Arab Kingdom is willing to consider alternatives in an effort to better relations with Iran
Top oil exporter Saudi Arabia has no plans to forfeit its right to enrich uranium domestically, but is willing to consider alternatives in an effort to better relations with Iran, a key royal said on Wednesday.
Sanctions are piling up against OPEC member Iran as the international community seeks to force it to contain its nuclear activities, amid suspicion that Tehran is on the road to building a nuclear bomb.
Saudi Arabia and other Middle East states are thought to want nuclear power only for peaceful purposes.
While the kingdom sits on some of the world's largest oil and gas reserves, it has struggled to keep up with rapidly rising power demand as petrodollars have fuelled a Gulf-wide economic boom.
"Saudi plans to develop nuclear energy for domestic uses," Prince Turki Al Faisal, a key royal and brother of Foreign Minister Saud Al Faisal, told Reuters in an interview.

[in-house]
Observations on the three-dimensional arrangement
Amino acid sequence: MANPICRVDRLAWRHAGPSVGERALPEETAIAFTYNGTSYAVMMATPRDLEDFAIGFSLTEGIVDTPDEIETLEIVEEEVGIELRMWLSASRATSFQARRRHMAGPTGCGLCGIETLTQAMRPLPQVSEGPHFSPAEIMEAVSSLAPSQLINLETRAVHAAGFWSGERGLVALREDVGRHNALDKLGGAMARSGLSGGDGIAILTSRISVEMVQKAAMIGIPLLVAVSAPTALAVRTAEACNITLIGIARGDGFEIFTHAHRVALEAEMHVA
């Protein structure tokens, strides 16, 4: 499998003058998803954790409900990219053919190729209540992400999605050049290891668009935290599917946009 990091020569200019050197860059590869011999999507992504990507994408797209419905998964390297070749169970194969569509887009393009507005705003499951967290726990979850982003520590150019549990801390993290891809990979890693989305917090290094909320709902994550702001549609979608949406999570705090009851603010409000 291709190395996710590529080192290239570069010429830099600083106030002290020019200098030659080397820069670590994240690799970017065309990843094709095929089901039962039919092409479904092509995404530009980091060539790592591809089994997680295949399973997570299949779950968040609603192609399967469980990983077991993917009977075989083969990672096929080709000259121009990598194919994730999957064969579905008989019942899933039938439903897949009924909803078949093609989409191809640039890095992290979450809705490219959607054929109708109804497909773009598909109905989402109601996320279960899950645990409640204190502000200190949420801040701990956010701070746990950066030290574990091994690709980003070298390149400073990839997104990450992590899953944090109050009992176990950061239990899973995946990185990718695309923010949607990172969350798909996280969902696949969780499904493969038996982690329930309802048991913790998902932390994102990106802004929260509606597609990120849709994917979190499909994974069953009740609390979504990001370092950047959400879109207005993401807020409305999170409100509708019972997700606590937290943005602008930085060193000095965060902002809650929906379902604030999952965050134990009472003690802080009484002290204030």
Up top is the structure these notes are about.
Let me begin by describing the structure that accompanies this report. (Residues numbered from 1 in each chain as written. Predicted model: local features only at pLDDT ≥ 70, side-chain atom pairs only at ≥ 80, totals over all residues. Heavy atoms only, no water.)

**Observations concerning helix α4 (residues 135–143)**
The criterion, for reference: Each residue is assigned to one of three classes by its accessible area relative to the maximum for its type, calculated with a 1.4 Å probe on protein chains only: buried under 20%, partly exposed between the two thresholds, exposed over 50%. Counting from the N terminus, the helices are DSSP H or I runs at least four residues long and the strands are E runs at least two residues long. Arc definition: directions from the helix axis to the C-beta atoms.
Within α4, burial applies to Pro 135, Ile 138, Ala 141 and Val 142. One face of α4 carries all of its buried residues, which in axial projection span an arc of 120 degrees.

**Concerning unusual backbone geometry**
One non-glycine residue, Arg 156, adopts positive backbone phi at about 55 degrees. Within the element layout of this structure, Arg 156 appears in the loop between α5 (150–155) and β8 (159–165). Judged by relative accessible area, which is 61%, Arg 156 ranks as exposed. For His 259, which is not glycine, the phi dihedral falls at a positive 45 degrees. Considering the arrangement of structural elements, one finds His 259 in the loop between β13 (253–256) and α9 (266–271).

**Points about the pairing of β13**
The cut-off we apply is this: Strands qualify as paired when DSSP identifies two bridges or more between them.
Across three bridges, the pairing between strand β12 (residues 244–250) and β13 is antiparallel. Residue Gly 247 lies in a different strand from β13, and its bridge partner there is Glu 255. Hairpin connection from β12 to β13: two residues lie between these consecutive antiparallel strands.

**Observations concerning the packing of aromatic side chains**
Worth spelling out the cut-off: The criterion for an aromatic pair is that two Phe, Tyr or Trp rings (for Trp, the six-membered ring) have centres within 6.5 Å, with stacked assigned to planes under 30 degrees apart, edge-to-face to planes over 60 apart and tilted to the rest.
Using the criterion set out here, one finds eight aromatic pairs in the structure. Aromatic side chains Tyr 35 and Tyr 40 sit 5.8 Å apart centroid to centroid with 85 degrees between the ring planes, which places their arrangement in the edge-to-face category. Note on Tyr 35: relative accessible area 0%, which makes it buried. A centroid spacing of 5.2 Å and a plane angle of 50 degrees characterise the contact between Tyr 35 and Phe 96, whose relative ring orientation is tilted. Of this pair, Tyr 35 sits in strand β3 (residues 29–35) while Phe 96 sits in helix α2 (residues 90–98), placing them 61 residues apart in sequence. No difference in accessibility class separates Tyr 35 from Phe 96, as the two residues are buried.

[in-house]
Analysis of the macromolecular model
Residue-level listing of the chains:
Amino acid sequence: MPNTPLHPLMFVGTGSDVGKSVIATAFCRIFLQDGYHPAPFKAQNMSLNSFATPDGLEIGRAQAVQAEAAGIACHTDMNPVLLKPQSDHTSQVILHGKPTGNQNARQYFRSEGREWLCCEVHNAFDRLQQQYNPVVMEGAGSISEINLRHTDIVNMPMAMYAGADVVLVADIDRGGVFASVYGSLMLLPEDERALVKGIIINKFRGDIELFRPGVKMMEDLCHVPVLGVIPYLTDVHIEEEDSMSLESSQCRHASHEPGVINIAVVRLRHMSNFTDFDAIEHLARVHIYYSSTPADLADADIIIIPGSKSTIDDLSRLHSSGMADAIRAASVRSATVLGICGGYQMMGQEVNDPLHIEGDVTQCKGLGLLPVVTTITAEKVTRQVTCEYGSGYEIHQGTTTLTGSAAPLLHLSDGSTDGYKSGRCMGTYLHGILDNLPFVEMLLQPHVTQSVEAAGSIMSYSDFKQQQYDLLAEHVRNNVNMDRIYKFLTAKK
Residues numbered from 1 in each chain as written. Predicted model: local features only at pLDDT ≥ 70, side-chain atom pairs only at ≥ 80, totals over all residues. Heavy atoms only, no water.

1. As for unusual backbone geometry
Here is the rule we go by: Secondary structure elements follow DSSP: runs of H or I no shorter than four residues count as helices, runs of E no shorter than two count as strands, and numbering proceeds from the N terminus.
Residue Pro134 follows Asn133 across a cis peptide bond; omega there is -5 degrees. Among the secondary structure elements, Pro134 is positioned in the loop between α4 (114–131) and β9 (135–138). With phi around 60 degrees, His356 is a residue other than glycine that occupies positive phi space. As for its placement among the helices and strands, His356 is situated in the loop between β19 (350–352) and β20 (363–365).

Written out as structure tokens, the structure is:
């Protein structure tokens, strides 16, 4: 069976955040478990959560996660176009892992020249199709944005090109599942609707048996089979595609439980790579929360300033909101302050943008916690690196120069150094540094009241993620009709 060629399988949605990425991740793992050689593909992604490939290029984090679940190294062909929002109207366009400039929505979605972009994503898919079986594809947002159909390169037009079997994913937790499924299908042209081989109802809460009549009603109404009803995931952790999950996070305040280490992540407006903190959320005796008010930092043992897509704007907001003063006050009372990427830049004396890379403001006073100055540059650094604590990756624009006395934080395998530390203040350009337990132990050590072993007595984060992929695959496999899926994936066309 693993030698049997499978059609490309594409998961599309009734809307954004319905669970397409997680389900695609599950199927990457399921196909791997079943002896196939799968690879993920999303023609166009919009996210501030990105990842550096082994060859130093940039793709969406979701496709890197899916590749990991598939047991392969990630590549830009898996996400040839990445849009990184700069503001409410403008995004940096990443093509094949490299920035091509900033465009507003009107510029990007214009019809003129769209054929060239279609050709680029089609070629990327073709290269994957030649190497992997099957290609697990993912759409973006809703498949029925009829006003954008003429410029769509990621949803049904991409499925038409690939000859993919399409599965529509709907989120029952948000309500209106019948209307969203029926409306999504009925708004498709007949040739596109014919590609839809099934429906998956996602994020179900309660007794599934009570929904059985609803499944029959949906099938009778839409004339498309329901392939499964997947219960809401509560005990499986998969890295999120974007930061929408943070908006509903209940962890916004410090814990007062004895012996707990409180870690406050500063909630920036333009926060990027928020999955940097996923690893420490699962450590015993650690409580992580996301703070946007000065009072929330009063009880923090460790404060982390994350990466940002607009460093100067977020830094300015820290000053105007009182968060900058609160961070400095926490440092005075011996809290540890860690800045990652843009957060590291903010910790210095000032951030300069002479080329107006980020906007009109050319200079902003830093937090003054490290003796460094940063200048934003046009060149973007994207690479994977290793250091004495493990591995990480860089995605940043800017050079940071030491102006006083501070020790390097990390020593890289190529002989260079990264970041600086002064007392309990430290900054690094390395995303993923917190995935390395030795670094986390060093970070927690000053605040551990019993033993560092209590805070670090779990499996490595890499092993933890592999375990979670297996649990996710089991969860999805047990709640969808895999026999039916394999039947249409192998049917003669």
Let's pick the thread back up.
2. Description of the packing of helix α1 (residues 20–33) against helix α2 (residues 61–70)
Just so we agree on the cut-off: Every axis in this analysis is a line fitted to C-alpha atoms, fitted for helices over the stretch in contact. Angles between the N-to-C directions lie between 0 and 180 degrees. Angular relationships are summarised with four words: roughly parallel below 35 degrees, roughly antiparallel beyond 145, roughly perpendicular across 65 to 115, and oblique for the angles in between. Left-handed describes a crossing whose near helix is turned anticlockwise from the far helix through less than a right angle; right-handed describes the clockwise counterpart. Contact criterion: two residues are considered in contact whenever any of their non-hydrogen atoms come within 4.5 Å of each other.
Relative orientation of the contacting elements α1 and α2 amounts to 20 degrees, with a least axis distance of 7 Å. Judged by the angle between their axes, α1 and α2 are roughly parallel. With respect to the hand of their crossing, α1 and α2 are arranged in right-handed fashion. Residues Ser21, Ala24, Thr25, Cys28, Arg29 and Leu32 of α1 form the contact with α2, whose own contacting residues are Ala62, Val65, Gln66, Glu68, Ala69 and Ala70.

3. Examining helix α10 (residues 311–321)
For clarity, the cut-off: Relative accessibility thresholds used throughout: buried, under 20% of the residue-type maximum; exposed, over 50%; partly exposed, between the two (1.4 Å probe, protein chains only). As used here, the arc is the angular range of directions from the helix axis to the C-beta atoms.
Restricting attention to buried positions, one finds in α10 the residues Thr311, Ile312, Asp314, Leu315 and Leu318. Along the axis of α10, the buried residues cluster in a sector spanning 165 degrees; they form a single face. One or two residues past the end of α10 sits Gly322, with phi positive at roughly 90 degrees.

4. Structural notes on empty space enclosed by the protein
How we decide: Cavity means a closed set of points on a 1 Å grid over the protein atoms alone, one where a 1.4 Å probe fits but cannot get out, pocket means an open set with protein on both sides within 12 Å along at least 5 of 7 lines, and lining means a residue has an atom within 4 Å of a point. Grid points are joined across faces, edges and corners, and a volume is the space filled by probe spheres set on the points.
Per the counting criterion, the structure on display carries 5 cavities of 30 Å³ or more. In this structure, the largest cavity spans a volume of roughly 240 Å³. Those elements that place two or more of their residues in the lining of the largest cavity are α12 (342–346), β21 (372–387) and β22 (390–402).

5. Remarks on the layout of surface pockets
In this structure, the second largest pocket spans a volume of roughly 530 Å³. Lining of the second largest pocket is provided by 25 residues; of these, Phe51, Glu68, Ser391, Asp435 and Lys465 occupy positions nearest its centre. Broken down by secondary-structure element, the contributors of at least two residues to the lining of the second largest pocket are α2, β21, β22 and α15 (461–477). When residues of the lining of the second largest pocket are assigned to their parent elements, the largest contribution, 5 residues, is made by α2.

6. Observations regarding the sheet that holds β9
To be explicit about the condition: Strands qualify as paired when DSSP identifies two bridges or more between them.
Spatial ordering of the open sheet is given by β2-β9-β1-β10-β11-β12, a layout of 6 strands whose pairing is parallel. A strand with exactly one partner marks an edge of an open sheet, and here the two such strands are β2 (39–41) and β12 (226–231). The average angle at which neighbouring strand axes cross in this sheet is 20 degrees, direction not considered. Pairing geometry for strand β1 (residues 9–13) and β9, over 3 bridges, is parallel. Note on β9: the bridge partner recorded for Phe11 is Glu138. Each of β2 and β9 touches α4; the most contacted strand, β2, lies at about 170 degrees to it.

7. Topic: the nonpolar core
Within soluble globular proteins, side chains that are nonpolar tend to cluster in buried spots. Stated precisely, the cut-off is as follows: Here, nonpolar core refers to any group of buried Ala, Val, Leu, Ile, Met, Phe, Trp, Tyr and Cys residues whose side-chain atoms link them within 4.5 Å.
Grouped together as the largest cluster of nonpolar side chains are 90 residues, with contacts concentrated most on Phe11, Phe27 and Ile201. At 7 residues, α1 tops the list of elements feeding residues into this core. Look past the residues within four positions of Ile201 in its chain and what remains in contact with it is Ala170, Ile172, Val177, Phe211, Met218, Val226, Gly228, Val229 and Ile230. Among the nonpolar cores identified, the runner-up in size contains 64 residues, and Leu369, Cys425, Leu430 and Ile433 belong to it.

"Saudi has proposed as a way to resolve this issue with Iran to have a neutral country to supply enriched uranium to Middle East countries. This is one solution," he said, adding that the kingdom has no plans to forfeit enrichment domestically.
"Another solution would be a weapons-free zone for mass destruction, which Saudi and the Arab league had proposed," he added.
Saudi Arabia signed a nuclear cooperation deal in 2008 with the United States, although it might not be as willing as the United Arab Emirates to forfeit the right to enrich its uranium reserves.